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Root Canal therapy involves saving an infected tooth from having to be removed. Root Canal therapy conserves a tooth that has been damaged by decay, fracture or an abscess. The tooth can then be restored without the need for an extraction. Root canal treatment is proven to be highly successful and usually lasts a lifetime, although on occasion, a tooth will have to be retreated due to new infections.

Reasons for root canal therapy:

  • Severe decay that has reached the tooth pulp i.e. the living tissue inside the tooth
  • Abscess or an infection that has developed inside the tooth or at the root tip
  • Fractured injury or trauma caused to the tooth

What does root canal therapy involve?

A Root Canal therapy may require two appointments. During the first appointment, the infected tooth is made numb, a rubber dam will be placed around the tooth to keep it dry and free of saliva.  An access opening is made on top of the tooth and a series of root canal files are placed into the opening, one at a time, removing the pulp, nerve tissue, and bacteria.  If tooth decay is present, it will also be removed with special dental instruments. Once the tooth is thoroughly cleaned, it will be sealed with either a permanent filling or, if additional appointments are needed, a temporary filling will be placed.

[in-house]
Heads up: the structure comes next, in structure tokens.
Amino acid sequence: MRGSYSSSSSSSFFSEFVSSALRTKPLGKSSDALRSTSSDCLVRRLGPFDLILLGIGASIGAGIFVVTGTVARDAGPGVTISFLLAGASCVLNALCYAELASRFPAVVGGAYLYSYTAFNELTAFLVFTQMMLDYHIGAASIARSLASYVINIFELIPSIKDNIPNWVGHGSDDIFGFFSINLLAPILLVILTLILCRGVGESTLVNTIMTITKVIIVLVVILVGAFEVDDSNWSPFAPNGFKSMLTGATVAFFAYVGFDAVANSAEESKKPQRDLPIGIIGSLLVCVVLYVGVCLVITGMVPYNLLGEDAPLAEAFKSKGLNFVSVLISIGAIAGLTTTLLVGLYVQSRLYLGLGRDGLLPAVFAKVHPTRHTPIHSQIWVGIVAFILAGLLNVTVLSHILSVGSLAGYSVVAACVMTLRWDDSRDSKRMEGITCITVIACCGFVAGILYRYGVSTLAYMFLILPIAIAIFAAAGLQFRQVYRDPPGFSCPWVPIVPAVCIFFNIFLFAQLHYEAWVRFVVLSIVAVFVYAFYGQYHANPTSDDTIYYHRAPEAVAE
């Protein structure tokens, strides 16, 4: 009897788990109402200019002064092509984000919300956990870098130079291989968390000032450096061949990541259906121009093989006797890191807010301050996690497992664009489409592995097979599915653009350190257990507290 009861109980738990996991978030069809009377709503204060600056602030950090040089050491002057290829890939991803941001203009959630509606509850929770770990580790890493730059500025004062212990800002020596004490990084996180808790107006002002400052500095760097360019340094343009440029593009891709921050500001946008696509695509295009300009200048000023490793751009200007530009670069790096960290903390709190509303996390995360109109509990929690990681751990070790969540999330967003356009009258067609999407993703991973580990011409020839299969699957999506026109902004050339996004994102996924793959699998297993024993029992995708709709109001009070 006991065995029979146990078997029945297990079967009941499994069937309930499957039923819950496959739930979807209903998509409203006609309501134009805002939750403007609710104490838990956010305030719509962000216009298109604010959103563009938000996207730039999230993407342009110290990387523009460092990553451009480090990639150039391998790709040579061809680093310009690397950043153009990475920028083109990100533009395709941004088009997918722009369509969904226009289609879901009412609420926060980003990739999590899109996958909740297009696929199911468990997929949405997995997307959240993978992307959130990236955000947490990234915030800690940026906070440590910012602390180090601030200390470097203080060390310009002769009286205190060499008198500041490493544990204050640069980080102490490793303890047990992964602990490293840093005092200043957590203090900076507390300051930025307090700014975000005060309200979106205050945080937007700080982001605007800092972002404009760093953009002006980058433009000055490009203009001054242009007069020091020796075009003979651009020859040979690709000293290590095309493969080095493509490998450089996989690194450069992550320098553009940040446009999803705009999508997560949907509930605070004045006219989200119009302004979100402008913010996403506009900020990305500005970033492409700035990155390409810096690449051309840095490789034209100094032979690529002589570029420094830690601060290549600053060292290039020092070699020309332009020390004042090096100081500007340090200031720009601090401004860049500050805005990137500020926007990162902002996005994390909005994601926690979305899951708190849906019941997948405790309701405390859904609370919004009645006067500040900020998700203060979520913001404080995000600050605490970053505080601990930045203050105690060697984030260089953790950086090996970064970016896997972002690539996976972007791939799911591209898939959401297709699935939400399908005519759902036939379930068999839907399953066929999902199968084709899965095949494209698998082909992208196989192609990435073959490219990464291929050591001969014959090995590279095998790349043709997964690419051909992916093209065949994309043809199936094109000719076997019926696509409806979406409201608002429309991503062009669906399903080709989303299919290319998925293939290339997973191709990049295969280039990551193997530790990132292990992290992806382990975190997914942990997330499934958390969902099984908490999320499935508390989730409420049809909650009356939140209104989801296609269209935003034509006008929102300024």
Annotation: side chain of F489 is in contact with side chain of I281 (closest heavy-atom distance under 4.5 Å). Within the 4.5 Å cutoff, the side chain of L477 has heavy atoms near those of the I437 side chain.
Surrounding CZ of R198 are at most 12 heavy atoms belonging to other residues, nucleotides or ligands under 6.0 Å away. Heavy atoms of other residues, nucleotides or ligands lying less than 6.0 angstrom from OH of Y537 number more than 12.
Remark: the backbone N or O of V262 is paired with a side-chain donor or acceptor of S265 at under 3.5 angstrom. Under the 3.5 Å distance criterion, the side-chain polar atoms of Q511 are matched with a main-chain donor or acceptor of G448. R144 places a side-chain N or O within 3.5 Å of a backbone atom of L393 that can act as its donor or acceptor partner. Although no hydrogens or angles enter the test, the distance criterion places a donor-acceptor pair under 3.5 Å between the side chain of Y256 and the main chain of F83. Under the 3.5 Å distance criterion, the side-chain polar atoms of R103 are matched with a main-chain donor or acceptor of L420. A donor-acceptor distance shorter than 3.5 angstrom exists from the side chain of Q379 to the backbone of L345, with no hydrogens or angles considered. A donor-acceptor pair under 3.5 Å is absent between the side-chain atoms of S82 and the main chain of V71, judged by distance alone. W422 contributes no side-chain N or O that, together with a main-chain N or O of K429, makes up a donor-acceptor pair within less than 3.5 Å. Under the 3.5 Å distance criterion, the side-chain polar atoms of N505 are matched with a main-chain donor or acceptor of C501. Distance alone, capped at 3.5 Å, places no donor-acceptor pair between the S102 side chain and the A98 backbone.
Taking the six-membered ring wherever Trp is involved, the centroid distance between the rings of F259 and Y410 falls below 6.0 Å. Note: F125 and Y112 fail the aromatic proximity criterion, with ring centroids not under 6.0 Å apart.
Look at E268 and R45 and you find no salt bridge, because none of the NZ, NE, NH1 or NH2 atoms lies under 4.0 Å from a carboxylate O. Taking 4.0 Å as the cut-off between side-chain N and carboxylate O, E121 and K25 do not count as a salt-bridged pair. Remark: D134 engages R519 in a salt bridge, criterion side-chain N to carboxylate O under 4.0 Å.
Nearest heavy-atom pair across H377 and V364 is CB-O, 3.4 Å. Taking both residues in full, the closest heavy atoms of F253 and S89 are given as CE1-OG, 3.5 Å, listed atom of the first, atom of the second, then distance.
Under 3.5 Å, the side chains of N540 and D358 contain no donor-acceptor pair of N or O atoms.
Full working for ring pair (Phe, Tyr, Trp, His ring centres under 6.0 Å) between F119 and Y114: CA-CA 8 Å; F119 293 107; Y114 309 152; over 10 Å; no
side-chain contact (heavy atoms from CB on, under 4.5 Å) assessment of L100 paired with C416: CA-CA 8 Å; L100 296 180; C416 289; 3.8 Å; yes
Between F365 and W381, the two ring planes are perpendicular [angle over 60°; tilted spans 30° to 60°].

At the next appointment, usually a week later, the roots and the inside cavity of the tooth will be filled and sealed with special dental materials.  A filling will be placed to cover the opening on top of the tooth.  In addition, all teeth that have root canal treatment should have a crown (cap) placed.  This will protect the tooth and prevent it from breaking, and restore it to its full function.

After treatment, your tooth may still be sensitive, but this will subside as the inflammation diminishes and the tooth has healed. You will be given care instructions after each appointment.